Another option is to search for the LLC using the Texas State Comptroller's Taxable Entity Search. This is a less well-known Texas business entity search engine and is free to use. I actually wrote a blog post on this recently that contains further information on the subject. Please click the link below for more discussion on that topic and a link to the search engine:
As all Texas filing entities are required to update information on the officers and governing authority of the LLC each year along with their annual franchise tax filing, you will likely have the information you are looking for at some point - it just might not be right away. Once these documents are filed with the Comptroller and processed, the updated information will appear online in both the SOS system and the Comptroller's search engine.
Finally, you could try searching the assumed name certificate filings (often referred to as "DBA filings") in your county. If the LLC ever operated under any assumed names, you may be able to find information on who registered the assumed name at your local county clerk's office.
The list above is certainly not exhaustive, but it should give you a few pointers on other places where you might be able to locate the information you seek. If you have a dispute or other legal issue related to the LLC, please sit down with an attorney to discuss your situation before taking any action on your own.
Best of luck!
Dear experts, In May, 2010, I retained a lawyer to set up a corporation in NJ. On the filing notification, we have three directors for the first board. We only receive blank by-laws from the lawyer. We never have any by-laws, minutes, and reso...
Mr. Smith's recommended course of action in the answer above is very sensible. At the same time, there may be other issues at play here. You mentioned that you did not receive completed documents for the corporation. Of particular concern with a corporation would be whether it has elected to be an "S" Corporation for federal income tax purposes or whether you intended to keep your default "C" Corp classification. The "S" election is a time-sensitive filing and, while it may be possible to apply late, it is a much more time consuming process than making the election on time.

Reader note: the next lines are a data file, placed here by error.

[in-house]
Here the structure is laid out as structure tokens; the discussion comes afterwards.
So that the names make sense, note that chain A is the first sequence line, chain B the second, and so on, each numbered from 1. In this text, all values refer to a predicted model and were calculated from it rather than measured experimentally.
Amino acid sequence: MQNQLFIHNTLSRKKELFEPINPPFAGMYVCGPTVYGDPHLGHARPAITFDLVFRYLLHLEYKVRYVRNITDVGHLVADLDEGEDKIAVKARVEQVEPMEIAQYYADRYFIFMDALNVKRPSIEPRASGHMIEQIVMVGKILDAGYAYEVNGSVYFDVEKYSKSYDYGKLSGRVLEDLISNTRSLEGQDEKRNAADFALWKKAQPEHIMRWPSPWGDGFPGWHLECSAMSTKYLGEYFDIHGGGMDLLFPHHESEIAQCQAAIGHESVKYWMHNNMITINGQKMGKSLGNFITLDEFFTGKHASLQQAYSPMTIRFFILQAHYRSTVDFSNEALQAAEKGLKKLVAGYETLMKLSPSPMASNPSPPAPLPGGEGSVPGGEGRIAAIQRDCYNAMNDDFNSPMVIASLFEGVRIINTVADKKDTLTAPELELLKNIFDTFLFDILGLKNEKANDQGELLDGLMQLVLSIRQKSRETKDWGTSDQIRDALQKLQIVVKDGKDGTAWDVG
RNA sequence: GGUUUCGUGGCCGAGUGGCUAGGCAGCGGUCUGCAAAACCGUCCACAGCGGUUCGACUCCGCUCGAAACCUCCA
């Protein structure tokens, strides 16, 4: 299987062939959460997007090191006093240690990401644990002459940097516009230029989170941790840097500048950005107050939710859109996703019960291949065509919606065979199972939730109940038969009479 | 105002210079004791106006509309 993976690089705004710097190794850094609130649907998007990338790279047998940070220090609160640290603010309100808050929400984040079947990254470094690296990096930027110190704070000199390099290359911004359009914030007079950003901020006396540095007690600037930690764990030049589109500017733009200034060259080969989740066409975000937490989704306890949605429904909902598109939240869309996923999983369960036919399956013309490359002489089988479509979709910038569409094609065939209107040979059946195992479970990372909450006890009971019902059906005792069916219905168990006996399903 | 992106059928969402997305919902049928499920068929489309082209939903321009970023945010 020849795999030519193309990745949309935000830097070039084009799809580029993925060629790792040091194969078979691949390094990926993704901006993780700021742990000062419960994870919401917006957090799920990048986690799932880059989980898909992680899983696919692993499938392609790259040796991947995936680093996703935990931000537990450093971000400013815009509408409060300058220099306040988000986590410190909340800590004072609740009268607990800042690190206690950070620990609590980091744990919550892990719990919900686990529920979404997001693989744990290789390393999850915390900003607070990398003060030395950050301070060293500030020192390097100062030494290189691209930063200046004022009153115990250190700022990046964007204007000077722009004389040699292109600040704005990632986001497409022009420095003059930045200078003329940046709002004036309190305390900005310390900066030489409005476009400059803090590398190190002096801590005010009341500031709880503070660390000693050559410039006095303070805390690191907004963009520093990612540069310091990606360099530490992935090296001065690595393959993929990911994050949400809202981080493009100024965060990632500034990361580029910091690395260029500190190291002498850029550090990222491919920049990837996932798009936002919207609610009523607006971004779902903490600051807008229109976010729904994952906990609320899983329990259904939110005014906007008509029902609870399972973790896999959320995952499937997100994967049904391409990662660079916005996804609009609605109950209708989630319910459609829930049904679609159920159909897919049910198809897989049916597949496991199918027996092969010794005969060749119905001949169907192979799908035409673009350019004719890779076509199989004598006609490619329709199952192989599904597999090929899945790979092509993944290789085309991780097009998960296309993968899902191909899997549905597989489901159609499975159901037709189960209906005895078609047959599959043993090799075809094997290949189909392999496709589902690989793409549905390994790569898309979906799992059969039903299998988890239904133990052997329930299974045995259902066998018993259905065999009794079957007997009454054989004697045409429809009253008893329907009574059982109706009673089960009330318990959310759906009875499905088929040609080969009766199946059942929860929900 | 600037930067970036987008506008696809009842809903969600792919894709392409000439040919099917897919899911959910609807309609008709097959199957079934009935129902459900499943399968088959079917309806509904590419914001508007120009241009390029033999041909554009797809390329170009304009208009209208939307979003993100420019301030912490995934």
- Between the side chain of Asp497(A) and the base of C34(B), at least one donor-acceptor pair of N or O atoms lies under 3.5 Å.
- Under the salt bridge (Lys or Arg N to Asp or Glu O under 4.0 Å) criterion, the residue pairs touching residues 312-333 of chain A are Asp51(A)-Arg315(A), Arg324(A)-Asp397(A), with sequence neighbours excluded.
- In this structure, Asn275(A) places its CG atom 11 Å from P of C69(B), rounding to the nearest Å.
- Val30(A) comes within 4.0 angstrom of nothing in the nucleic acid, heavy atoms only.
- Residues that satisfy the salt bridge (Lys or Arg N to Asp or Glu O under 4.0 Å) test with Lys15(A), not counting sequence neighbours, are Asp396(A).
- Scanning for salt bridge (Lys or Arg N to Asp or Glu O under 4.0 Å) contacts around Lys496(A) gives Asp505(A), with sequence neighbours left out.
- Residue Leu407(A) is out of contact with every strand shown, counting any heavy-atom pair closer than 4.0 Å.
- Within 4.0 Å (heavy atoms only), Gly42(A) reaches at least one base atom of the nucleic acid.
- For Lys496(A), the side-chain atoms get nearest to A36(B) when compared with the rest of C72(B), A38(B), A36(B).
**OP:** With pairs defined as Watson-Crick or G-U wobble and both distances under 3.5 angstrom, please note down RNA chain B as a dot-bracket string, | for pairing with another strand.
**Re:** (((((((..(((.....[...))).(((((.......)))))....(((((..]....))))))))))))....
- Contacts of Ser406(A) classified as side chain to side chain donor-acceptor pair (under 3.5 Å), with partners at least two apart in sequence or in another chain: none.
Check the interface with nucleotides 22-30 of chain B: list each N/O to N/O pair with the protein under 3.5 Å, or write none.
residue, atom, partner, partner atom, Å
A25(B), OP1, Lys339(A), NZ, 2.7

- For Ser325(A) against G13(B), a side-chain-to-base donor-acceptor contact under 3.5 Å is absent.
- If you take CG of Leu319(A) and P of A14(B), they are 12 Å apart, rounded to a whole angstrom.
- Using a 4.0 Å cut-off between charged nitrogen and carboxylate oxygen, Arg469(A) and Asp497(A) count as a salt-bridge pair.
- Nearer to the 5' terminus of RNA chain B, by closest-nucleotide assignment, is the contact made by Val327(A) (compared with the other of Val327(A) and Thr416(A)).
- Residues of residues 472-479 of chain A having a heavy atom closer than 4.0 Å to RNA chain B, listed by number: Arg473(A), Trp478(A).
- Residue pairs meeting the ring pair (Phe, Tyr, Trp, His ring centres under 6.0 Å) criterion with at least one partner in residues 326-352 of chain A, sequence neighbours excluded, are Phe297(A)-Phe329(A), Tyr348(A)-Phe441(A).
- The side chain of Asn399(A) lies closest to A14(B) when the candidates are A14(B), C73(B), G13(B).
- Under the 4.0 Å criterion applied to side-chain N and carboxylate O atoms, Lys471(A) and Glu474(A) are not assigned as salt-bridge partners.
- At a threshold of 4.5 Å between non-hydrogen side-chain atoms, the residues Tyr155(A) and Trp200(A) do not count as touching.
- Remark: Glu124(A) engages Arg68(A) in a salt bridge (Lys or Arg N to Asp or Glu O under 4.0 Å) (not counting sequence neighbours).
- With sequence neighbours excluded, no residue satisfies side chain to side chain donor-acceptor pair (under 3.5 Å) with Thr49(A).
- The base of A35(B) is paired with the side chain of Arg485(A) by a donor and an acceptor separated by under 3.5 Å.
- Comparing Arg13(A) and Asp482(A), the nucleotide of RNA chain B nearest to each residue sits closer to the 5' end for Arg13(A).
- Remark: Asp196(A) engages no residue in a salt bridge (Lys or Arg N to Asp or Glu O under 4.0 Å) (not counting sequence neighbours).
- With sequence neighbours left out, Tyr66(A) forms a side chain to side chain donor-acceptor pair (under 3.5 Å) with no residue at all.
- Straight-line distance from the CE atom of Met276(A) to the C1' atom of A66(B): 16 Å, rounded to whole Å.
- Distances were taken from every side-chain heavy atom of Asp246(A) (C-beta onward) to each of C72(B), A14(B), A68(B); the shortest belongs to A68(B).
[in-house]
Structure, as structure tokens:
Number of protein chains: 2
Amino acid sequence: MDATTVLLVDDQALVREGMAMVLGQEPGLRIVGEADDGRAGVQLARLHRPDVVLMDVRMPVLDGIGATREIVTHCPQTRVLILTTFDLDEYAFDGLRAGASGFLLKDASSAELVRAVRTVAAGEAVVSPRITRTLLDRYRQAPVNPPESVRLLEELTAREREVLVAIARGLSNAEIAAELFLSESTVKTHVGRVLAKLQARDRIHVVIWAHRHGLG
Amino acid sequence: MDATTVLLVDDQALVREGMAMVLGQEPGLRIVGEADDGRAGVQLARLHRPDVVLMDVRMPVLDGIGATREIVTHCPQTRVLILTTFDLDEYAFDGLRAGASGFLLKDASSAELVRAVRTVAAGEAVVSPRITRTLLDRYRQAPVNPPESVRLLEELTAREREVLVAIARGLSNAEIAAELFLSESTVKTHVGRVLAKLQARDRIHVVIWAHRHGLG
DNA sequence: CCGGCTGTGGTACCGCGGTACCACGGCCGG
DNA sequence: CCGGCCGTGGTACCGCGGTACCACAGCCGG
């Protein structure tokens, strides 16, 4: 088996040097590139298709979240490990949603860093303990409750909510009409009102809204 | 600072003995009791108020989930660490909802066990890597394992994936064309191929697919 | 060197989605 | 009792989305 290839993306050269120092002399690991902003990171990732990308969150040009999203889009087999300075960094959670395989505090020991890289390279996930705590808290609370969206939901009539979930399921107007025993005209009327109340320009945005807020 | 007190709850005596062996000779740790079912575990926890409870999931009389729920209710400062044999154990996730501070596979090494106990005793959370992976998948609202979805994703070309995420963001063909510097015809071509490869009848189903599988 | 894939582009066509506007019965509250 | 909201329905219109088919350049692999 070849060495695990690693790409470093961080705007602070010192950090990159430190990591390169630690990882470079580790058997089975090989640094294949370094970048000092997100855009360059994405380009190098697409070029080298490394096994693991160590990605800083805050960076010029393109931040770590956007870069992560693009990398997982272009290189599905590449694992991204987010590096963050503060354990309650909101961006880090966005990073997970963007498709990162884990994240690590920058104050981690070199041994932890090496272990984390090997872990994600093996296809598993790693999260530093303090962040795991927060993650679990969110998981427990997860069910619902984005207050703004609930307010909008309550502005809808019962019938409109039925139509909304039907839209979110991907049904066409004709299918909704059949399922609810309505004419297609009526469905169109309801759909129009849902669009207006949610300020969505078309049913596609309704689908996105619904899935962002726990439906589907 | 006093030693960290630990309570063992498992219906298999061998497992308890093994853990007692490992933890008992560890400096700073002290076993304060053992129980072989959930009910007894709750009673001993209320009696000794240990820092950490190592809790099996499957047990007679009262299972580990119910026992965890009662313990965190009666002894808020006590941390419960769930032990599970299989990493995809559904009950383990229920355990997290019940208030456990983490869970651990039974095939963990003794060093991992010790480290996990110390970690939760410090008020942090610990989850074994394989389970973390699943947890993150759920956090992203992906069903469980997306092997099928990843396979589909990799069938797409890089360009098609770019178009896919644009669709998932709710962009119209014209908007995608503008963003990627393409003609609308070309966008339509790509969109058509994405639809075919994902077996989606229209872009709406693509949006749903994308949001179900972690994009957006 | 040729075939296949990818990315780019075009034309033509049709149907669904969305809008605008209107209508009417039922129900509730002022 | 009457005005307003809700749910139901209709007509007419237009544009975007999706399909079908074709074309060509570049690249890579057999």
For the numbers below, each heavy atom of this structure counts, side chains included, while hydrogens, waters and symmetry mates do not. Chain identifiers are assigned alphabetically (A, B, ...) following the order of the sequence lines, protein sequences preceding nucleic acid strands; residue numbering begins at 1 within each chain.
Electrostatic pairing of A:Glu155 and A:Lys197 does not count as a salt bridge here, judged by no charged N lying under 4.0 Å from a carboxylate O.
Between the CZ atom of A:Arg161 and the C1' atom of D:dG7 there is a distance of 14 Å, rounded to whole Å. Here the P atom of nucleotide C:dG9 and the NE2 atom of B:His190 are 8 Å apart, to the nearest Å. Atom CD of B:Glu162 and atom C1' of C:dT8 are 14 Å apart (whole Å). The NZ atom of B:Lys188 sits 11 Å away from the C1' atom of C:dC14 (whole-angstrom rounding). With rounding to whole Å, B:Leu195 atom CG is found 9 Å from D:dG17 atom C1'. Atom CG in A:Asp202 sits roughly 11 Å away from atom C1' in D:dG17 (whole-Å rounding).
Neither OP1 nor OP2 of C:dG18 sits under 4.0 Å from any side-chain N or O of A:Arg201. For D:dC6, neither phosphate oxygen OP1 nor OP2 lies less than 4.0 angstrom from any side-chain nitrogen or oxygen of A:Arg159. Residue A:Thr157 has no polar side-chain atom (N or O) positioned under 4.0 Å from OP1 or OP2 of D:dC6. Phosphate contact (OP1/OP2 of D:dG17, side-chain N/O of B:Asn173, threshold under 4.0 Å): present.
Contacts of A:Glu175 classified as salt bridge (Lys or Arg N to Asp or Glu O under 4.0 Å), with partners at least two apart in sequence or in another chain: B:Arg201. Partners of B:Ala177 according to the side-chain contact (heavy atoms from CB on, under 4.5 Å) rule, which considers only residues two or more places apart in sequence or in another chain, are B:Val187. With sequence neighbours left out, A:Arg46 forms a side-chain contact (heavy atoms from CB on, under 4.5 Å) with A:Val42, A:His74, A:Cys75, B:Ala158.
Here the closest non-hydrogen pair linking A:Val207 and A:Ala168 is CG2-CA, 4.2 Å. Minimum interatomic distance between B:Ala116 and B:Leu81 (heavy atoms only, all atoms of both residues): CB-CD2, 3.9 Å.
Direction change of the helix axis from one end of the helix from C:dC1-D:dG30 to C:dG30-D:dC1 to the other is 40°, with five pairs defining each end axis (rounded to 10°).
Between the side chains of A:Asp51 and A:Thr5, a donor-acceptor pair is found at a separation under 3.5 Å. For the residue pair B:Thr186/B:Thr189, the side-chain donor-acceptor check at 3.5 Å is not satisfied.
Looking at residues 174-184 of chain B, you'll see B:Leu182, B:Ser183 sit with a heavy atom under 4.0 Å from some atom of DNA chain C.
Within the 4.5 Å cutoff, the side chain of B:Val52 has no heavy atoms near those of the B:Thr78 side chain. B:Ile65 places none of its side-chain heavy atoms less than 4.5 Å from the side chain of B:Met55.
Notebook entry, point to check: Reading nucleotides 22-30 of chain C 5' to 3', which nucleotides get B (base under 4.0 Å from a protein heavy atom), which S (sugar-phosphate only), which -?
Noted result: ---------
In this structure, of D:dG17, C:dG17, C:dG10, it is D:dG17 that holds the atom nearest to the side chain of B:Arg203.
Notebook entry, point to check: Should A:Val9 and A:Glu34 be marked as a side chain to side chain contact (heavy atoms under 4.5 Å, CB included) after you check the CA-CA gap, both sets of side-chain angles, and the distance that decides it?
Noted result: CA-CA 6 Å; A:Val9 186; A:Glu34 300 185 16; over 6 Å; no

I strongly suggest you sit down with a good business attorney in NJ and make sure both your company books and your tax classification are correct and current.
Best of luck in getting these issues resolved!
We are trying to avoid someone coming to the house, or simply knowing our home address. And because this is a legal document any one essentially has access to our info?
As Mr. Duffy mentioned above, most states require an actual physical address rather than a PO Box when filing articles for a new business entity. If you are interested in protecting your personal address information, one option could be to use a registered agent service company. These companies act as registered agents for the business entity and place their information rather than yours in the formation documents. We typically employ them when filing out-of-state entities for our clients.
That said, some states also ask for the names and addresses of the governing persons of the entity on the organizational documents (e.g. members of the board of directors for a corp. or managers/members for an LLC). If that is the case in MI, the suggestion above may not entirely resolve the issue you raise. You should sit down with a MI business attorney to make sure you know all your options prior to filing if protecting this information is truly important to you.
50 % intrest , 50% member
Due to the inherently flexible nature of limited liability companies in Texas, your question is very difficult to answer without a great deal more information and a review of the LLC's company books. This is certainly a situation where you want to be fully aware of your rights and obligations, so please consult with a business attorney prior to entering into this business relationship.
There are, however, several things to know about LLCs in Texas that could affect one member's relationship to another. First, you did not mention whether the LLC is member-managed or manager-managed. In the event that this is a manager-managed LLC, operation and control of the LLC is typically vested in the managers and not the members of the LLC. Obviously, if an owner was just a member of the LLC rather than a manager, he or she would have very limited involvement in the operation and control of the LLC's business decisions. Sometimes there are certain decisions made by the managers that require approval of the members (e.g. major business transactions and termination of the LLC), but these rights are spelled out in the LLC's company agreement (previously called "regulations" and sometimes improperly referred to as an "operating agreement" or "bylaws").
Second, Texas LLCs can have different classes of membership and these classes can have different rights under the terms of the company agreement. For example, while two members may have equal equity interests (50/50), one interest may hold voting rights while the other is non-voting. Clearly, this would remove the control of one of the members.
Third, the distribution rights in an LLC can be modified through the company agreement as well, which can result in one 50% member having a right to receive more than 50% of the distributions.